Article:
CHARLESTON — In the hopes of bringing a natural gas liquids storage hub to West Virginia, the West Virginia House of Delegates Energy Committee passed a tax credit for the natural gas industry on Tuesday.
House Bill 4421, sponsored by Del. Eric Householder, R-Berkeley and chairman of the Finance Committee, would give tax credits against personal income tax or corporate net income tax to natural gas liquids storers or natural gas liquids transporters.
Lawmakers critiqued the vagueness of the fiscal note, and then passed an altered version of the bill rendering the fiscal note invalid. The original version would have given tax credits to natural gas liquids producers, natural gas liquids storers, natural gas liquids users or natural gas liquids transporters.
The fiscal noted had noted that, "numerous businesses use at least one natural gas liquid for general heating purposes or general operation purposes such as fueling forklift vehicles. West Virginia businesses collectively pay more than $400 million each year in local personal property taxes, mainly on machinery, equipment and inventory."
In an interview following, Del. Evan Hansen, D-Monongalia, an environmental scientist and a member of the committee who voted against the bill, said that the fiscal note basically meant "this would impact some portion of that $400 million dollars."
"The fiscal note didn't have any estimate in terms of how much this would cost the state or local communities so I thought it was irresponsible to vote for something without knowing how much it would cost," he said. "This could potentially be big. It could be in the tens or hundreds of millions of dollars in losses to the state budget."
Del. Tony Paynter, R-Wyoming, who voted for the final version, added that he would have opposed the original version of the bill.
"I'm going to say this probably would have been better if it had been held a week to get the right numbers in light of the committee amendment, but that's the good thing about being double-referenced," he said. "Finance will know the exact numbers. I just wish we would have had the exact numbers."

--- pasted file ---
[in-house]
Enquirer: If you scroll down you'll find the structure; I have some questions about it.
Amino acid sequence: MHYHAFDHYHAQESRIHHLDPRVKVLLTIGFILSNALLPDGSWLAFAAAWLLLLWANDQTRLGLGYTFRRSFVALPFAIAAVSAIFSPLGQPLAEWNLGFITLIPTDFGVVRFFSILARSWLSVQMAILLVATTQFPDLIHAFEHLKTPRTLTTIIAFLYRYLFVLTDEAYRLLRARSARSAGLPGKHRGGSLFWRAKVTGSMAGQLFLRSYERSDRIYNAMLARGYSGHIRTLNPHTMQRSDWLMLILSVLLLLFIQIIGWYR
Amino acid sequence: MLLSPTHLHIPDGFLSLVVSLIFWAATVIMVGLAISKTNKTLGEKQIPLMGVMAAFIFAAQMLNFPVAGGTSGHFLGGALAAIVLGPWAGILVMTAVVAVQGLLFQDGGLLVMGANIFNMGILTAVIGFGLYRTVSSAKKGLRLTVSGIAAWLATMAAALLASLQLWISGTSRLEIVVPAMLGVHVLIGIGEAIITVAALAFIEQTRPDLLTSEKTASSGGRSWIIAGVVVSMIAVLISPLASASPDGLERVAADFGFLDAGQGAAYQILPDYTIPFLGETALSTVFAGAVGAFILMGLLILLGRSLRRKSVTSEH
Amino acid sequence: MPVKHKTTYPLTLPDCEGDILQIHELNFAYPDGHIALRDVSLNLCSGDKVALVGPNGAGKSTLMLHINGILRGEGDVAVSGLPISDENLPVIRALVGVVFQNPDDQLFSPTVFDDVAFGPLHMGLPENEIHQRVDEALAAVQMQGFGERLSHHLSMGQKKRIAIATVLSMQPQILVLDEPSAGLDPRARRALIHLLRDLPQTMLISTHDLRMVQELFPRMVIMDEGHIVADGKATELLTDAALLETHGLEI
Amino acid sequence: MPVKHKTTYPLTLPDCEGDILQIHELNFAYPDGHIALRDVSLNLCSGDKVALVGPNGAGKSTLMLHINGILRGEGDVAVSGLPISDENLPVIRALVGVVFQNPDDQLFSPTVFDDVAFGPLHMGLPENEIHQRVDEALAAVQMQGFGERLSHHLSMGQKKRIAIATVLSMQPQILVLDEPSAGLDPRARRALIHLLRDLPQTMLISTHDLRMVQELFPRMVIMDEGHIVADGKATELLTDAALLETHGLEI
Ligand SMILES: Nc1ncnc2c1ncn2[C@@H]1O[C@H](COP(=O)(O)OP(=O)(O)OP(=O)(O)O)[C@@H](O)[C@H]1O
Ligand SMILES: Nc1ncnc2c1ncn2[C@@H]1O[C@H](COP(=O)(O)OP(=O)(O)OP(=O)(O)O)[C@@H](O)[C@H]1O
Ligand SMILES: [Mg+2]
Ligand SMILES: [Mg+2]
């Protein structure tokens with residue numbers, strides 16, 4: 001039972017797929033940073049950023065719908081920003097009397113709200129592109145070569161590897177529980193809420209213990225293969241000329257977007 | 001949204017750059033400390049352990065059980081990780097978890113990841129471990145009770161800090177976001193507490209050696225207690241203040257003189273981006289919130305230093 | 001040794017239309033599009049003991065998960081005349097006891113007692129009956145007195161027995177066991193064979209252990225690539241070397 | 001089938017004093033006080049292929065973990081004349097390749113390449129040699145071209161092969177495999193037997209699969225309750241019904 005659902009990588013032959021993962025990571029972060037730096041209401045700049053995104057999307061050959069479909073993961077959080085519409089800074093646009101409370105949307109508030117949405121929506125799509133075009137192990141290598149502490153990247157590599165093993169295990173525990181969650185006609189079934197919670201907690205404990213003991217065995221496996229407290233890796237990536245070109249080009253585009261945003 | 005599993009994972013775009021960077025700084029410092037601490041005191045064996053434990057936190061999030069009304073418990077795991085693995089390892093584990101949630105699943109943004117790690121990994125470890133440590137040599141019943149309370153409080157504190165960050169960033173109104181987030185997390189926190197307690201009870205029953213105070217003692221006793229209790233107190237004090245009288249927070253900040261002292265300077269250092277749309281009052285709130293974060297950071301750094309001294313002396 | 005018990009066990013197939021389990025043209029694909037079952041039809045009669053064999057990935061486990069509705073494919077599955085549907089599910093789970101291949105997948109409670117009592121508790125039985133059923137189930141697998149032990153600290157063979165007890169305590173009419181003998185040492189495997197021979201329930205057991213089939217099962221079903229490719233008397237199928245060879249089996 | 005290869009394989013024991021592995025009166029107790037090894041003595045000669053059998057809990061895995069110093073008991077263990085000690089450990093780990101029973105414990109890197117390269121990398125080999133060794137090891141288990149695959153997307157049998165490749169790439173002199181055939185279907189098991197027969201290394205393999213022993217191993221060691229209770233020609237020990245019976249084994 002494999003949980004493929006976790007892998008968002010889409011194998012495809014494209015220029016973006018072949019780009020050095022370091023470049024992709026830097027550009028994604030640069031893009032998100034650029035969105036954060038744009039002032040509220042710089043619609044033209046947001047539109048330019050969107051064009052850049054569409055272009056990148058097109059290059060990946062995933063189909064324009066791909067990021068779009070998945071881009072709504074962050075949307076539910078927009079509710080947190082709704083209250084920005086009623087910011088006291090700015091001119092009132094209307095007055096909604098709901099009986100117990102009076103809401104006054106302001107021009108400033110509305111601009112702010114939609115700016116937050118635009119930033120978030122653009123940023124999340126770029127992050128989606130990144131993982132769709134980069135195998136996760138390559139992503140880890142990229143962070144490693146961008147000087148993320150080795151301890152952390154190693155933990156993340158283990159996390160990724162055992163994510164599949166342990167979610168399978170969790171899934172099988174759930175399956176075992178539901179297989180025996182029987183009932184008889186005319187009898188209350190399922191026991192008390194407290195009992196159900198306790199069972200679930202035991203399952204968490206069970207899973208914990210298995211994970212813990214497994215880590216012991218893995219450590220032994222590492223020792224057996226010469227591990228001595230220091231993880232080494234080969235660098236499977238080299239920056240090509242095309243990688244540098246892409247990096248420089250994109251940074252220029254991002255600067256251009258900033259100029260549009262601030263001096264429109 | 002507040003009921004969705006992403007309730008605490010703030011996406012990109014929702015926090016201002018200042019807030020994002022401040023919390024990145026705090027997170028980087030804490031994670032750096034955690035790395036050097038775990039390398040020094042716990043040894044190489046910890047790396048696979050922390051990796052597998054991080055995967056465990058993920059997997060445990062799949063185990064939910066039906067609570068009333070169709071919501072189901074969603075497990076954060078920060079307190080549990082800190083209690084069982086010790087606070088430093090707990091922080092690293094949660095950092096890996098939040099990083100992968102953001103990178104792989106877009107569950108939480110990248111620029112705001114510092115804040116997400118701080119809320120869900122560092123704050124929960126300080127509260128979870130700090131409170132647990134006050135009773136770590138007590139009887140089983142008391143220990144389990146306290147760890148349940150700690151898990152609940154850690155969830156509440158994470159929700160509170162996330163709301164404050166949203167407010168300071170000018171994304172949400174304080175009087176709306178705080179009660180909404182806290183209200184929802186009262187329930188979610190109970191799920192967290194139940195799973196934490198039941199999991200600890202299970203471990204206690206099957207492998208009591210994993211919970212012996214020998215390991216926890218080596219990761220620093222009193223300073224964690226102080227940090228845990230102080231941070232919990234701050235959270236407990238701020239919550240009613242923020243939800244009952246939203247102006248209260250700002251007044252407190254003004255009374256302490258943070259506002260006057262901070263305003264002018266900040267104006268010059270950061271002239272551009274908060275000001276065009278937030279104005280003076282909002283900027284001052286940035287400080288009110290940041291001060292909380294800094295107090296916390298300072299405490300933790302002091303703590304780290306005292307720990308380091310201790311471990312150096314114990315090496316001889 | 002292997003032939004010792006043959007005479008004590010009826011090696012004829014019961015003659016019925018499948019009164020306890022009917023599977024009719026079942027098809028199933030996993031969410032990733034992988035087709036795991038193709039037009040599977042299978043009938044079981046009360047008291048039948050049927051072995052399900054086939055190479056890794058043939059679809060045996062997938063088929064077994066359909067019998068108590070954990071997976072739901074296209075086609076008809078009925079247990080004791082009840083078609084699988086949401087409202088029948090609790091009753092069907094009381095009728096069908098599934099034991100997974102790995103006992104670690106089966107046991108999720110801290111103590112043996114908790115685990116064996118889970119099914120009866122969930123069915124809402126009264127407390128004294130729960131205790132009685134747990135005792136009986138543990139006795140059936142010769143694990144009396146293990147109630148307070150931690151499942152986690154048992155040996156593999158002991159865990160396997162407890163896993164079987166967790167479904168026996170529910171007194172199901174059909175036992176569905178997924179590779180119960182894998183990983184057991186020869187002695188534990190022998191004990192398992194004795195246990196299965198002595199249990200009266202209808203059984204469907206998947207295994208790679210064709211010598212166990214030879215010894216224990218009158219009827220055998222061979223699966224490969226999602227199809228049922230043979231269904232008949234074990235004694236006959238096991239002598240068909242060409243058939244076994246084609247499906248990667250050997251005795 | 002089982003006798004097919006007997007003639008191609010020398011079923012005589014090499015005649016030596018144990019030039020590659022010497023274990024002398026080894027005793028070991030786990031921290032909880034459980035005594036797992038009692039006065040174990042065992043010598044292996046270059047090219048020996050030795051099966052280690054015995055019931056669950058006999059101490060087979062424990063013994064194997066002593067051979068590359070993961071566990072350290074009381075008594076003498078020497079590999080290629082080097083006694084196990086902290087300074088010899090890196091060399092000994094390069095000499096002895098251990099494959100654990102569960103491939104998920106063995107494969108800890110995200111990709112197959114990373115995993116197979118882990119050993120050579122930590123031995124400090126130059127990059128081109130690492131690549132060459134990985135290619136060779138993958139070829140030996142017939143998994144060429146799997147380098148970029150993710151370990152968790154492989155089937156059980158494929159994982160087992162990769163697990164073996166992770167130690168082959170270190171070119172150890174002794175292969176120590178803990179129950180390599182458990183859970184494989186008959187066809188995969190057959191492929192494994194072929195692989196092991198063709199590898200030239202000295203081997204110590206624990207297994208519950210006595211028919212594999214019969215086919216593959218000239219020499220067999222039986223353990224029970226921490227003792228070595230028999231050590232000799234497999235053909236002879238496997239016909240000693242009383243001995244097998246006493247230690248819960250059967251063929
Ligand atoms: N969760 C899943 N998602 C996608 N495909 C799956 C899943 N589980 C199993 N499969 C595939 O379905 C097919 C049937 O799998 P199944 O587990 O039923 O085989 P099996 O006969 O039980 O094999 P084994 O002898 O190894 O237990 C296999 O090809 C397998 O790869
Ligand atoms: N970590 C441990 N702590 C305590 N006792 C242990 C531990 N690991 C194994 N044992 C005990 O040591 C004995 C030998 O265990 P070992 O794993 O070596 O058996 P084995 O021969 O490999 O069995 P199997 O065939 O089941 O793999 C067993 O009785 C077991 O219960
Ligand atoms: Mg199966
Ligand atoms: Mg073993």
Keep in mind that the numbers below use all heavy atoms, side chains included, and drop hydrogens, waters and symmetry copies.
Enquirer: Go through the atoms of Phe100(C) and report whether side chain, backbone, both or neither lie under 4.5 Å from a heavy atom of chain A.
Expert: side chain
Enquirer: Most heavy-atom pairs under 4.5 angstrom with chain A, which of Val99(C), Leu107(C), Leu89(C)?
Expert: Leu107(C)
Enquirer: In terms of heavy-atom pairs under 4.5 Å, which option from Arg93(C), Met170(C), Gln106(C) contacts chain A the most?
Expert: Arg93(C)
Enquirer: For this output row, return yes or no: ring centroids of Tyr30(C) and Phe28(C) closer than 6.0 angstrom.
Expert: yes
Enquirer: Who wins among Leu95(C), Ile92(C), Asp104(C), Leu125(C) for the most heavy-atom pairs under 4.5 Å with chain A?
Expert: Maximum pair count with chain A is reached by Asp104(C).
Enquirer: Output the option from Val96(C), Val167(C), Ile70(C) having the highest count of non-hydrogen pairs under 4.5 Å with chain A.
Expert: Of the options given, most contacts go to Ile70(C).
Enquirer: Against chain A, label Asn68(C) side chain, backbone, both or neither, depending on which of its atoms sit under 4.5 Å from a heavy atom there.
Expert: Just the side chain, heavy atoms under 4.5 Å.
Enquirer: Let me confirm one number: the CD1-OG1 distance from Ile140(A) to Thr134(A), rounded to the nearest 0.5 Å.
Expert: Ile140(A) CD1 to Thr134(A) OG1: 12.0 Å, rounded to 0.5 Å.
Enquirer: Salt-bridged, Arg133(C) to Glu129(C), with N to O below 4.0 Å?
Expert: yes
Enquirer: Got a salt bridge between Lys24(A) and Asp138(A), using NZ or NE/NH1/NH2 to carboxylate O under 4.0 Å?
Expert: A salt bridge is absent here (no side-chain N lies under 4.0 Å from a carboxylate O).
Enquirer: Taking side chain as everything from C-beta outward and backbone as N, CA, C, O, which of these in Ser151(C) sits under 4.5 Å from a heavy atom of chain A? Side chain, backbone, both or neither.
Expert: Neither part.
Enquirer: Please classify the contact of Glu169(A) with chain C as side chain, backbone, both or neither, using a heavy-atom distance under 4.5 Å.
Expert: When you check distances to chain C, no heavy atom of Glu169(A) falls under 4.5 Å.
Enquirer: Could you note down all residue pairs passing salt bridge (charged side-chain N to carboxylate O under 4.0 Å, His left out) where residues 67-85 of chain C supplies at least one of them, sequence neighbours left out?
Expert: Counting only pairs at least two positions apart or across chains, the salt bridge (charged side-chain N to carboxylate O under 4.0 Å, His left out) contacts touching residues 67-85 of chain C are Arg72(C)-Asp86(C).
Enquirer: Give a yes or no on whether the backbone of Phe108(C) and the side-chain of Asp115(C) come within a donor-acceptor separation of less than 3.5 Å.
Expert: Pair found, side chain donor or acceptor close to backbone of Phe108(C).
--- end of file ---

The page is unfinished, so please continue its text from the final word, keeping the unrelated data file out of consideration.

He also said he hoped the bill leads to jobs, even if they'll likely be out of district.
"This is just basically so we can store it here, run all the facilities here and distribute it from here and we'll have the jobs here for it instead of just popping it straight out of the state, letting them fool with it and we take the beating for it," he said.
Both Hansen and Paynter agreed that they would have preferred to wait and vote at an upcoming meeting.
'I'm not just an energy guy," Paynter said. "I'm a big fiscal conservative, too."
During the meeting, Del. Mike Caputo, D-Marion, asked about a section, stating that the bill was needed because a "number of regulatory requirements" are "redundant, inconsistent or overlapping." Caputo, who voted against the bill, wanted to know where that information came from. Counsel for the committee responded that those comments came from industry, not official studies.
The committee voted, 12-9, to send the bill on to the Finance Committee for consideration. Locally, Del. Kayla Kessinger, R-Fayette, was also heard voting for the bill.
Vivian Stockman, the executive director of OVEC, the Ohio Valley Environmental Coalition, who was present at the meeting, said she walked out "shellshocked and flabbergasted" that no comments abut environmental impact, including impacts on air, water and climate, were made during the meeting.
Stockman said the proposed Appalachian Storage and Trading Hub would run along 400 miles or so of the Ohio River, leading to more underground storage of natural gas liquids, six major pipelines, thousands of miles of minor pipelines, cracker plants, and "a huge increase in fracking to supply the feedstock for this petrochemical complex of which the end-product would be plastic."
"Worldwide, we have a huge movement against single-use plastic because our seas are choking with it, our bodies – apparently we eat about a credit card's worth of plastic a week," she said. "People are sick from the pollution related to plastic. Plastic's bad for the climate and bad for the water. It's kind of like 'we would prop up a dying industry and give it tax breaks in order to pollute ourselves?'"
She said the Appalachian Storage and Trading Hub proposal is an effort to "prop up" the fracking industry.
"Once again, it's the endless promise of jobs, job, jobs with zero discussion of the true cost in terms of economics, in terms of human health and the environment," she said. "It's just the same old same old, at a time when literally the whole planet is saying 'enough with the plastics and maybe we better really take a look at our greenhouse gas emissions and make some changes,' the West Virginia Legislature wants to move ahead with a bill to give tax breaks to an industry that would further pollute us, without even really having all the knowledge about the tax breaks they want to give," she added.
She suggested residents call their legislators, and that lawmakers give tax breaks "to entrepreneurs who are small-scale businesses, individuals who actually live here and care about the environment."
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